Experts, however, have no clear-cut answers about the influx of the birds into more southern areas, said Kevin McGowan, an ornithologist who has been studying such patterns for more than 25 years at Cornell University's Lab of Ornithology.
McGowan said the change could indicate an abundance of food sources for the birds in the arctic, leading to more births than ever before. Or, he said, it could mean that climate change could be curtailing food supplies, forcing the birds to venture out of their usual areas in search of nourishment.
But species being in places they aren't supposed to be continues to interest biologists.
Wilcove said the most concerning issue this year may be the annual migration of the monarch butterfly. Usually millions of monarchs arrive in central Mexico by mid-November, creating one of the most extraordinary migrations on the planet. By mid-December, only about three million - instead of the usual hundreds of millions - had arrived, Wilcove said.
The butterflies funnel into a tiny area in Mexico to roost for the winter before heading to the U.S. Gulf states, where they will lay their eggs and then die. Those eggs develop into the next generation of monarchs, which continue migrating north and then lay their eggs and die. It takes about three or four of these generations to repopulate the eastern United States and Canada. With so few monarchs arriving by this late date, it is an "alarming possibility" that the population has crashed, Wilcove said.
Possible causes for this crash could be the increased logging operations in the area of Mexico where the butterflies winter or the genetic modification of food crops. Crops on factory farms have been altered so they can withstand the application of herbicides to eliminate weeds, like milkweed and others. The butterflies depend on milkweed flowers to lay their eggs on and supply sustenance, Wilcove said.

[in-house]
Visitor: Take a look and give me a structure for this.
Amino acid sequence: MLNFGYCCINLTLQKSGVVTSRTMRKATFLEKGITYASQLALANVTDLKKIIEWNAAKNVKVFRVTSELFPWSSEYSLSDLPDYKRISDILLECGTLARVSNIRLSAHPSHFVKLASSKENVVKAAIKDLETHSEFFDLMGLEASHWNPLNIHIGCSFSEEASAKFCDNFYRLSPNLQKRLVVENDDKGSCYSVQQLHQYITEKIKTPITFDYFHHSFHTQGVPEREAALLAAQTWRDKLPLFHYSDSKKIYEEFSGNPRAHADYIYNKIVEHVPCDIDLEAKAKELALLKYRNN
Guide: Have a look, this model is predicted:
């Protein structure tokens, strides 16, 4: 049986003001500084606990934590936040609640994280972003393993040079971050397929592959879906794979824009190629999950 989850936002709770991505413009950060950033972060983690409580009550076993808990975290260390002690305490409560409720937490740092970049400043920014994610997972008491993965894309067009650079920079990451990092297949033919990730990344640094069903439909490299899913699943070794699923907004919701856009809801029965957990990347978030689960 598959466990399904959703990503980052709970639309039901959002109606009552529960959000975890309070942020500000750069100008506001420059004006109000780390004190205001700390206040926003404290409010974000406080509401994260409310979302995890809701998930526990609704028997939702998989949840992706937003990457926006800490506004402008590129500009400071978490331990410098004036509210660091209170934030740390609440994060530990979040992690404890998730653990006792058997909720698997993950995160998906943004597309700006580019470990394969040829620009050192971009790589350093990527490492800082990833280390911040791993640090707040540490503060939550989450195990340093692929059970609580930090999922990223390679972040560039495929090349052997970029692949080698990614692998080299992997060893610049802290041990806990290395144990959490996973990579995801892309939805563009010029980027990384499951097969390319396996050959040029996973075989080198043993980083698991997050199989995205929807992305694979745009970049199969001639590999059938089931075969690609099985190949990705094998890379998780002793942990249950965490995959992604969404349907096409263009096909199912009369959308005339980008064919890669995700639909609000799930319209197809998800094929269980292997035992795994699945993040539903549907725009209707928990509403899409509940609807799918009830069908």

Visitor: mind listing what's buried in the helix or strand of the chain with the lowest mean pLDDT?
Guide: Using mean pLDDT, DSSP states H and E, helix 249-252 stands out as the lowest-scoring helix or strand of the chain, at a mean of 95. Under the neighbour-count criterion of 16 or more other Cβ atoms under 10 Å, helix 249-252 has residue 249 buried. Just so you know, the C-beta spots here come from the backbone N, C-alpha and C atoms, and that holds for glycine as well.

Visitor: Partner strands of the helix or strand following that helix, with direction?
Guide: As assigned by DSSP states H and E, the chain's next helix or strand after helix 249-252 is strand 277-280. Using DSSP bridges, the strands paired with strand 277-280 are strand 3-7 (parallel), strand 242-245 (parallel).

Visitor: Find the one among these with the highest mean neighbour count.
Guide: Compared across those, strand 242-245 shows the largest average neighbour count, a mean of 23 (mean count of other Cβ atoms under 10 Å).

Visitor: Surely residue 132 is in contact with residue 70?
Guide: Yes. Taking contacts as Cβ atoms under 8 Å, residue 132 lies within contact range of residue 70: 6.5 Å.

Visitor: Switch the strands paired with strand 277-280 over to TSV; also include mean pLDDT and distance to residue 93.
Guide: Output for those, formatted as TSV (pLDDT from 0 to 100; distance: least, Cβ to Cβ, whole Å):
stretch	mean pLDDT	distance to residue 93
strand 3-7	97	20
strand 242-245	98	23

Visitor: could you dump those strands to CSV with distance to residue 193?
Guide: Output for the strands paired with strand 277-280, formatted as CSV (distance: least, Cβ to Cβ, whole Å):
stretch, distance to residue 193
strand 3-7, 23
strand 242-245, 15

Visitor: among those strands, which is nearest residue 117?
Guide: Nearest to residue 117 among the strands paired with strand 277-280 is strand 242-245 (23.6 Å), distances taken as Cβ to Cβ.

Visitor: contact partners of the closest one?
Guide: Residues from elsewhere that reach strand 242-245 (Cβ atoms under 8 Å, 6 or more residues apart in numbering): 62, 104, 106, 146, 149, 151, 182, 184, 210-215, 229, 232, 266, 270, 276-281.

At the same time, right whales off the New England coast didn't show up in their usual breeding grounds either. Among the rarest mammals on Earth - biologists say there are only a few hundred left - a large percentage of the population usually spends summers in the Bay of Fundy, off Maine and Nova Scotia, to feed on the zooplankton in the water. This year, few showed up - although researchers don't believe the animals have died, but rather found an area elsewhere to feed on more abundant zooplankton, Wilcove said.
In East Africa, the wildebeest population also did an odd about-face this past summer, too. About a million of the animals move between Kenya and Tanzania in vast herds in response to seasonal rains that turn the Serengeti plains into a lush grazing area. A drought in the region this year forced the wildebeests out of Tanzania back to Kenya early. Climate change could be affecting rain patterns - and migration - by moving the animals away from protected areas to graze on the grasses in regions of the continent where they aren't protected from hunting and poaching, according to researchers.
"I think we're seeing the disruptions in the animal migration in large part because we're impacting the environment," Wilcove contends. "And these are all early warning signs."